Matchday 13 was no ordinary round. There were a spate of own goals, a fateful hammering for Stuttgart and a definitive argument for goal-line technology. But the most important thing was that play resumed.
It would be an overstatement to argue that matchday 13 represented a complete return to normality in the Bundesliga. Security was enhanced in all nine stadiums, and three games started late to allow spectators to get through the beefed-up checks and take their seats. Pictures like the one topping this article are hardly the most pleasant images.
On the other hand, the November 13 terrorist attacks in Paris didn't prevent Bundesliga fans from turning out and enjoying Germany's favorite sporting pastime. By and large, supporters put up with the extra time standing in lines and intensified pat-downs by security guards with good humor. The message, which was occasionally explicitly spelled out on t-shirts and signs, was a resounding: We're not afraid!
After the cancellation of the Germany-Netherlands friendly the previous week, it was heartening to see so many people doing what they usually do on weekends - taking in a match at the park. And round 13 came off with only some minor hitches. Terrorism is sadly a reality with which we all must live today. Nonetheless - or better still precisely because of that: Welcome back, Bundesliga!
In that spirit, on to some football talk.
Not quite deja vu for Stuttgart
Stuttgart fans will be forgiven for enjoying matchday 13 rather a lot less than other supporters around Germany. The scoreline of the Southern Germans' 4-0 drubbing at the hands of Augsburg was flattering, the goals they conceded as soft as any you're likely to see this season. No wonder people filed out of the Mercedes Benz Arena at half time. Stuttgart had nothing to offer on Saturday.
Coach Alexander Zorniger promised up-tempo, attacking football when he took up the Stuttgart job this summer, and there was a sense that the team was a bit unlucky when results failed to materialize early in the season. But 13 rounds in, it's legitimate to ask whether Zorniger is the right man for the job when his team has yet to find any balance between offense and defense.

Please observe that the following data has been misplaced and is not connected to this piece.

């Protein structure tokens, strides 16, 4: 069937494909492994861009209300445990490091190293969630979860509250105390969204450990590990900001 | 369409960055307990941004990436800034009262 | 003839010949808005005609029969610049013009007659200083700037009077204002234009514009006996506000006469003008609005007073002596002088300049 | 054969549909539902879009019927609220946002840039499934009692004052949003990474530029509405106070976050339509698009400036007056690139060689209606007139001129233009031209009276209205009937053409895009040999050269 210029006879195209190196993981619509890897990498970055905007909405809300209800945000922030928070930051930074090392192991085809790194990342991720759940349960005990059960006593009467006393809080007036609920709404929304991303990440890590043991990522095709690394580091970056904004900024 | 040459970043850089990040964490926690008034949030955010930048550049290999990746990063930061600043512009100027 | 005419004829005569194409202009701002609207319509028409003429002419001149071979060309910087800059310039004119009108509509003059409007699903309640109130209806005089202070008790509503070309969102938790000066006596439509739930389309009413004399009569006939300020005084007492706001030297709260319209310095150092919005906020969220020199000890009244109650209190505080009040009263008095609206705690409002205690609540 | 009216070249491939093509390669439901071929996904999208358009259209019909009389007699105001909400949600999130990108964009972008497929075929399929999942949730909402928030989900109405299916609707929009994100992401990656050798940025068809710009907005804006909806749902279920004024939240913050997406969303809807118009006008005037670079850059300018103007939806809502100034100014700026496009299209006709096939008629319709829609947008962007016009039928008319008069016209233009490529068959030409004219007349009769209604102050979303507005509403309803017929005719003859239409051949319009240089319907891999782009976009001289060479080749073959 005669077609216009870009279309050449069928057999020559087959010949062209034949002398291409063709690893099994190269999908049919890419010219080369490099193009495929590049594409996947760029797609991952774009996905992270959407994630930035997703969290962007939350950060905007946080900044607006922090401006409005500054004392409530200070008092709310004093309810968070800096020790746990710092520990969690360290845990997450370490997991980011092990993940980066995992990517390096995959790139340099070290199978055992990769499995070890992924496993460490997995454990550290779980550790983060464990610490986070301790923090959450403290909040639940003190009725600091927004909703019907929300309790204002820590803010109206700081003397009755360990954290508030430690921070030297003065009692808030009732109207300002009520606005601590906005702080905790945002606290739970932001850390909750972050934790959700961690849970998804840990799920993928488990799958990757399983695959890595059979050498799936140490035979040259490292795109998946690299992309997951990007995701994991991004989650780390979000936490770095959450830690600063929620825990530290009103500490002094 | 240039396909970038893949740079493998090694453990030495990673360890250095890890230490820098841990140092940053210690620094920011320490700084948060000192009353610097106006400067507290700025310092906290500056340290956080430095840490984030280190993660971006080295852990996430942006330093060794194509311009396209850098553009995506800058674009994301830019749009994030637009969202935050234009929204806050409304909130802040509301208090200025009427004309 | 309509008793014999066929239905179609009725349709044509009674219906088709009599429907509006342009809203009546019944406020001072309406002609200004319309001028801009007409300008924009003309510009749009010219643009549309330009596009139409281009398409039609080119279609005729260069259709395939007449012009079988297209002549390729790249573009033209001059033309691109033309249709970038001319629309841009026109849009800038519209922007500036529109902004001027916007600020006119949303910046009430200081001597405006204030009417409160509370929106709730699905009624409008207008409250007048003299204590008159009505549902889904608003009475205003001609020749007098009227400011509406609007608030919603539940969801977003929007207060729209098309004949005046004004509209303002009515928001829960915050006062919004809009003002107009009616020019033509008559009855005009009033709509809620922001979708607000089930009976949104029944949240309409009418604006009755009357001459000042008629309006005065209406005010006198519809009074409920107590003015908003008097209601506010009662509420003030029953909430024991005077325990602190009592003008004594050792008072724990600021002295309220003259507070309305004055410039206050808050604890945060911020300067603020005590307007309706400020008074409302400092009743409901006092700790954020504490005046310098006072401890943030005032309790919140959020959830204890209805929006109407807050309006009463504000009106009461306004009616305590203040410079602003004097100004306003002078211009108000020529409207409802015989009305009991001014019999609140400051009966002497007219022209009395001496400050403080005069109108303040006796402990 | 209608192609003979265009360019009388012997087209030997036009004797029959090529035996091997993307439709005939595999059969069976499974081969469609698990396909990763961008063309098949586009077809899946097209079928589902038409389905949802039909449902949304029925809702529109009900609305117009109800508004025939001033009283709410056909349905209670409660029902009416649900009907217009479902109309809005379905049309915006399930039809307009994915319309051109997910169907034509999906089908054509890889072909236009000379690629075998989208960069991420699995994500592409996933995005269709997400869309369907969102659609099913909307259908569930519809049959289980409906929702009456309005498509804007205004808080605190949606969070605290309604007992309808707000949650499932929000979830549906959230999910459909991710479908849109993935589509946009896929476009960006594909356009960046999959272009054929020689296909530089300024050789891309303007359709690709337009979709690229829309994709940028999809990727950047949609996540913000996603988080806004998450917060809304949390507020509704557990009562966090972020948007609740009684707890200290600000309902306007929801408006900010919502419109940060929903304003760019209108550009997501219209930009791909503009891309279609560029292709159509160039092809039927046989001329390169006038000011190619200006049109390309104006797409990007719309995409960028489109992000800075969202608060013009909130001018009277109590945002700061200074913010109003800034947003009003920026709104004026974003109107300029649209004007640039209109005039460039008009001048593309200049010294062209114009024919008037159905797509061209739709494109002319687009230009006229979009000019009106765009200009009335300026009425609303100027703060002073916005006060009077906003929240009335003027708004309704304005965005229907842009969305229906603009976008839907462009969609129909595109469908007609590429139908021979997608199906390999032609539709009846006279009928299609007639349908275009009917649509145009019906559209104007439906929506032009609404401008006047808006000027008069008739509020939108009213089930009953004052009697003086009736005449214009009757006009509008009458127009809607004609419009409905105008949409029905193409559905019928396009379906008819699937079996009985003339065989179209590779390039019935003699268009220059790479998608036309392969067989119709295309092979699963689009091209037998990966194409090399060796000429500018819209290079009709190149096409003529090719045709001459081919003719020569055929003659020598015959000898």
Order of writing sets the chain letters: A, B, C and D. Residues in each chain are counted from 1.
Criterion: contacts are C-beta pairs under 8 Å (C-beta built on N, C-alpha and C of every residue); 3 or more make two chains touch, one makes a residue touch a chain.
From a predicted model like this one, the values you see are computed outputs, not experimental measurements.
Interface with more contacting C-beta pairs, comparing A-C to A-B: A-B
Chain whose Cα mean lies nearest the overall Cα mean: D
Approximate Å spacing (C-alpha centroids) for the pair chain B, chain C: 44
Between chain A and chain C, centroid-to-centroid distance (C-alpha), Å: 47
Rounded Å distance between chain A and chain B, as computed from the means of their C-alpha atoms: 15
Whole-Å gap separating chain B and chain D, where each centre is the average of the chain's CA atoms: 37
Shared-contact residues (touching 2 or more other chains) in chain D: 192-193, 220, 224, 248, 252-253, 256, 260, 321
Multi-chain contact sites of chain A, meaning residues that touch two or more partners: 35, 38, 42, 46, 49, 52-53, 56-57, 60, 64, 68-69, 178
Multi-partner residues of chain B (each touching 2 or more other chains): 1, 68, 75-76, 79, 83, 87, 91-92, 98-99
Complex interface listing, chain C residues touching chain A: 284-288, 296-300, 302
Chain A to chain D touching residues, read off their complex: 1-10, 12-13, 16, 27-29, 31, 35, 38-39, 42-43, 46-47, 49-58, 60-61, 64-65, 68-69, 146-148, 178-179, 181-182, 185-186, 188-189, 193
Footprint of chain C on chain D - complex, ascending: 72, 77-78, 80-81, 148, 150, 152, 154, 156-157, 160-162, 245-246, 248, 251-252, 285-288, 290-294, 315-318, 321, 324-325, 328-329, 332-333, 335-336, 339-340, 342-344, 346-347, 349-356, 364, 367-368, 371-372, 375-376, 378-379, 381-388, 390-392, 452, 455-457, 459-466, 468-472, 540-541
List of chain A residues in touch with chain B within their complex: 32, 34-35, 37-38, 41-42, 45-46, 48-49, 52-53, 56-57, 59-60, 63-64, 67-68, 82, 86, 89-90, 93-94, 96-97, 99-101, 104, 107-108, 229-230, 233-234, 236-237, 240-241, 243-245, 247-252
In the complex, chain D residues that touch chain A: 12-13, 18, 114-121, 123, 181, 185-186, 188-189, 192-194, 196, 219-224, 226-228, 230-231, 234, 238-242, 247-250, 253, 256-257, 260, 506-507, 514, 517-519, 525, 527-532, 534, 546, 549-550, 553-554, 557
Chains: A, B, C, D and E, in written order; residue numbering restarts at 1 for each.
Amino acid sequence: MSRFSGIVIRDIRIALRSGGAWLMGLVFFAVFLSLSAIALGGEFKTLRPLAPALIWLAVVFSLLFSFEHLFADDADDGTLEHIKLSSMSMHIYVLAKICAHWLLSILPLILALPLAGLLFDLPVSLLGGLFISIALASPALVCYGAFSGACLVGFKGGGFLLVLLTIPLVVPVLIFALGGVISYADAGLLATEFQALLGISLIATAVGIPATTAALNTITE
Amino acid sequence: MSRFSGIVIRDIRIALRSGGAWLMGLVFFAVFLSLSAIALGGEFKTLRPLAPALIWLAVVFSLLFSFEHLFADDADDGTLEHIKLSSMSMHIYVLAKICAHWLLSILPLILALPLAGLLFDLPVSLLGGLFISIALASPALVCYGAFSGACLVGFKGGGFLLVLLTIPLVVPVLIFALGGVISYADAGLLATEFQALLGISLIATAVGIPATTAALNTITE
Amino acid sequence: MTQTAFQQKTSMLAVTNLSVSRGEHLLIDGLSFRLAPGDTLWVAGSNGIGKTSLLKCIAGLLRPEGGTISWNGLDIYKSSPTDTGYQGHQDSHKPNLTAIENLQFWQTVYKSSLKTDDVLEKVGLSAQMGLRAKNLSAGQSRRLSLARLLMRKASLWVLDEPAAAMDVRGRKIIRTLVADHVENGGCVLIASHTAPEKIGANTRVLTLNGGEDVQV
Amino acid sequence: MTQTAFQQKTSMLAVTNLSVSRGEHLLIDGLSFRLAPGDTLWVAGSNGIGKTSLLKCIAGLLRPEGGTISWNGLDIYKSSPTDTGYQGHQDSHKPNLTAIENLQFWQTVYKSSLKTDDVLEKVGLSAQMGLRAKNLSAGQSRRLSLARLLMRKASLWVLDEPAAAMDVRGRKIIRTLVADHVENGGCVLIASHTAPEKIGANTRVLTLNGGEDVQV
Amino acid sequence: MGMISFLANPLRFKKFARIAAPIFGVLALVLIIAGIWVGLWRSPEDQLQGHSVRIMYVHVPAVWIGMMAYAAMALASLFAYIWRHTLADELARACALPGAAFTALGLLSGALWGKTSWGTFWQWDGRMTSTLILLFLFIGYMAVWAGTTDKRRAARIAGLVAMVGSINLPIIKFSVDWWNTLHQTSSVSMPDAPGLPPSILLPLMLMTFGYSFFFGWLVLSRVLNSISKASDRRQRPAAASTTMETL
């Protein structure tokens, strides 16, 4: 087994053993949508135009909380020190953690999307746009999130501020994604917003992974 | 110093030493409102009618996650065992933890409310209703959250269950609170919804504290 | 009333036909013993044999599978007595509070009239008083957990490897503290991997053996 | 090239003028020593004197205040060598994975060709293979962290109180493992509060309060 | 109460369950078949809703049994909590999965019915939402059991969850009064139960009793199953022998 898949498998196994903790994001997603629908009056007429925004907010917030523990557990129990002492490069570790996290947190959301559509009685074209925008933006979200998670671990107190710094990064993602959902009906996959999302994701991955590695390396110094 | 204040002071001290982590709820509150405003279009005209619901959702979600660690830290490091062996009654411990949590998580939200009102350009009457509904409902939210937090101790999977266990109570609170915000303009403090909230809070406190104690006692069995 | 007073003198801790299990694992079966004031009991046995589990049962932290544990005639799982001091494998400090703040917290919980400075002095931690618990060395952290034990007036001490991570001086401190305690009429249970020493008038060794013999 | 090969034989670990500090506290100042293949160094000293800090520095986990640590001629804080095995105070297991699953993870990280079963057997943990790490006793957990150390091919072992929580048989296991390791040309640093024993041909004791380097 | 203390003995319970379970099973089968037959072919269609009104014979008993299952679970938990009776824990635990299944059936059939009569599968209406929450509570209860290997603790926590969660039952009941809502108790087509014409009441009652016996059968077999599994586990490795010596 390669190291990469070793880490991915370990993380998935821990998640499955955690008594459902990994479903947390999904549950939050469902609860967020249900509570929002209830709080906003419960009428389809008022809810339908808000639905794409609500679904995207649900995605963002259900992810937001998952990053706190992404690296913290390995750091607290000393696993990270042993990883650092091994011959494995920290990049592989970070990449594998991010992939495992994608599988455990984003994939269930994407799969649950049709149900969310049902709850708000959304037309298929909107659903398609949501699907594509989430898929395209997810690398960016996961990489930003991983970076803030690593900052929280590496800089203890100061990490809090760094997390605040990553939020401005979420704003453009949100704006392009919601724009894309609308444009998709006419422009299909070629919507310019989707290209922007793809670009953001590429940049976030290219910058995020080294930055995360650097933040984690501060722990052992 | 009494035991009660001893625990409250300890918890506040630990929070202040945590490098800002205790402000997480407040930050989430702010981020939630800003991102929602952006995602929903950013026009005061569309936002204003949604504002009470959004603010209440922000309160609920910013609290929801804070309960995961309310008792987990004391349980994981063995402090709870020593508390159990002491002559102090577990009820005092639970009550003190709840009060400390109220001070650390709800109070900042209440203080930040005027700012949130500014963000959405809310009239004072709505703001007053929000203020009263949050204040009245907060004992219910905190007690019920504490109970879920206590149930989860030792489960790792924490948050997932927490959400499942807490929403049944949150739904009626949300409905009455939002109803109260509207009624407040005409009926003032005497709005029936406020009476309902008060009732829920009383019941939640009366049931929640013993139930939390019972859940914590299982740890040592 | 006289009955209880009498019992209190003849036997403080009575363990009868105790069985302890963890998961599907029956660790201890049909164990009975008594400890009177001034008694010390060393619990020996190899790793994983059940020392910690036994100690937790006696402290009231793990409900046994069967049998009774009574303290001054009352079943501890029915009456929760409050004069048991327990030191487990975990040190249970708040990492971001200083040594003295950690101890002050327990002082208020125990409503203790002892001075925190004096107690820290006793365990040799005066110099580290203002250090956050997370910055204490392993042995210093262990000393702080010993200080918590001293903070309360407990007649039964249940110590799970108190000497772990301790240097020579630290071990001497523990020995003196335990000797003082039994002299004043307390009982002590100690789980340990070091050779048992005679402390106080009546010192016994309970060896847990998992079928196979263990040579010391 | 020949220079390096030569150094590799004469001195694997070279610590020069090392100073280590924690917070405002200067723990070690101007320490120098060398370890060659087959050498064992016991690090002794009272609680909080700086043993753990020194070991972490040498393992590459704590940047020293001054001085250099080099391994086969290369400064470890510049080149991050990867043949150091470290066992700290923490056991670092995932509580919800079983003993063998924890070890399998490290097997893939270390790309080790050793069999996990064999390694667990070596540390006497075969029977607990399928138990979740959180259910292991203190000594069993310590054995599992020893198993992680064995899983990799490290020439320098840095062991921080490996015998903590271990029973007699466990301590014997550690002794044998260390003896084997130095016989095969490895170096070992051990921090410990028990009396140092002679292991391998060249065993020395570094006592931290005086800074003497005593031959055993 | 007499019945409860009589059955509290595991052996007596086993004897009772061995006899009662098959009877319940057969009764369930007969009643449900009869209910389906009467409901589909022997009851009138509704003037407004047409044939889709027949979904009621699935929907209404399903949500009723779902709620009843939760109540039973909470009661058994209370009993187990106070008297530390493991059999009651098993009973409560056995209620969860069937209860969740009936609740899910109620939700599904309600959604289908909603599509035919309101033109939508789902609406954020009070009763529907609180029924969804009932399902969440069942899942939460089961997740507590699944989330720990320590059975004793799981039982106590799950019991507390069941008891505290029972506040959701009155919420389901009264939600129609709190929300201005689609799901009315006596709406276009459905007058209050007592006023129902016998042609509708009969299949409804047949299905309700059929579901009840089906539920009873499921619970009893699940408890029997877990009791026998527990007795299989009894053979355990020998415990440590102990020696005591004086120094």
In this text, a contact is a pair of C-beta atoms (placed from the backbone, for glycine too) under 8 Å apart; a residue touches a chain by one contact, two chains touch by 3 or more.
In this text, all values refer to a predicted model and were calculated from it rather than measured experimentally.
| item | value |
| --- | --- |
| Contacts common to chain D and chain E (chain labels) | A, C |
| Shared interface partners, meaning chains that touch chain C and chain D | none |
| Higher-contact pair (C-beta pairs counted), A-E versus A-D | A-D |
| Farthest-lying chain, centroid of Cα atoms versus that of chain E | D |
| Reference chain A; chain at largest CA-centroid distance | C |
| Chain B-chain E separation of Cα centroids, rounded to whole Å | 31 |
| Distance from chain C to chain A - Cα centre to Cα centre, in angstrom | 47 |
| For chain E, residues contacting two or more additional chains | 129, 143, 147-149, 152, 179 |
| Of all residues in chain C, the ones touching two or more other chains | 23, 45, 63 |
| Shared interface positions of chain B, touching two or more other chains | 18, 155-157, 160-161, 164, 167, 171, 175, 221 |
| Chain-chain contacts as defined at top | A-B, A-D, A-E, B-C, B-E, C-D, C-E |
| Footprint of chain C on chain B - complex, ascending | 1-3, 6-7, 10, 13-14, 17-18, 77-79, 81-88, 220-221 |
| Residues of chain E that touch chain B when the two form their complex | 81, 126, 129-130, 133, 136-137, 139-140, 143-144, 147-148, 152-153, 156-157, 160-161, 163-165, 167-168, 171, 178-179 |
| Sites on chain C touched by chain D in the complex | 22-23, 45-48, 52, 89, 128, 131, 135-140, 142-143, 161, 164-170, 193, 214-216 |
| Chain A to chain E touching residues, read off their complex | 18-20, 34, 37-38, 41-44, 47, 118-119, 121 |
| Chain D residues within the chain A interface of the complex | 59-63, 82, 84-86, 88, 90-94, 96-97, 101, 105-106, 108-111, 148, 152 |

The situation of a highly touted coach failing to get Stuttgart out of the starting gate seems very familiar. Armin Veh resigned last season after the team failed to perform early. Thomas Schneider was shown the door the year before that. But the constellation is different this time round.
Stuttgart say they're sticking with Zorniger for now. And Huub Stevens is no longer waiting in the wings to save the day, if Stuttgart continue to embarrass themselves as they did on Saturday. Is it possible that there won't be a happy ending for the Southern Germans in 2016?
Common sense is a great thing
Something very unusual happened in Berlin's Olympic Stadium on Sunday - and not just the sudden blizzard that obscured ninety percent of the pitch. A relatively simple bit of technology was allowed to do its job, and what would have been an intense bone of contention was avoided.
With visibility approaching zero in the swirling snow, it was impossible even to see Eugen Polanski's inadvertent header clearly - let along determine whether it had crossed the snow-buried goal line for an own goal. In past years this would have been a nightmare for officials in a game that ended 1-0. This time round, all referee Guido Winkler had to do was look at his watch.
Imagine that! No arm-waving sport directors on the touchlines, no incensed coaches in the post-match press conference. Even Hoffenheim's coach Stevens - aka the "growler of Kerkrade" - accepted his team's misfortune without recriminations.
Instant replay, anyone?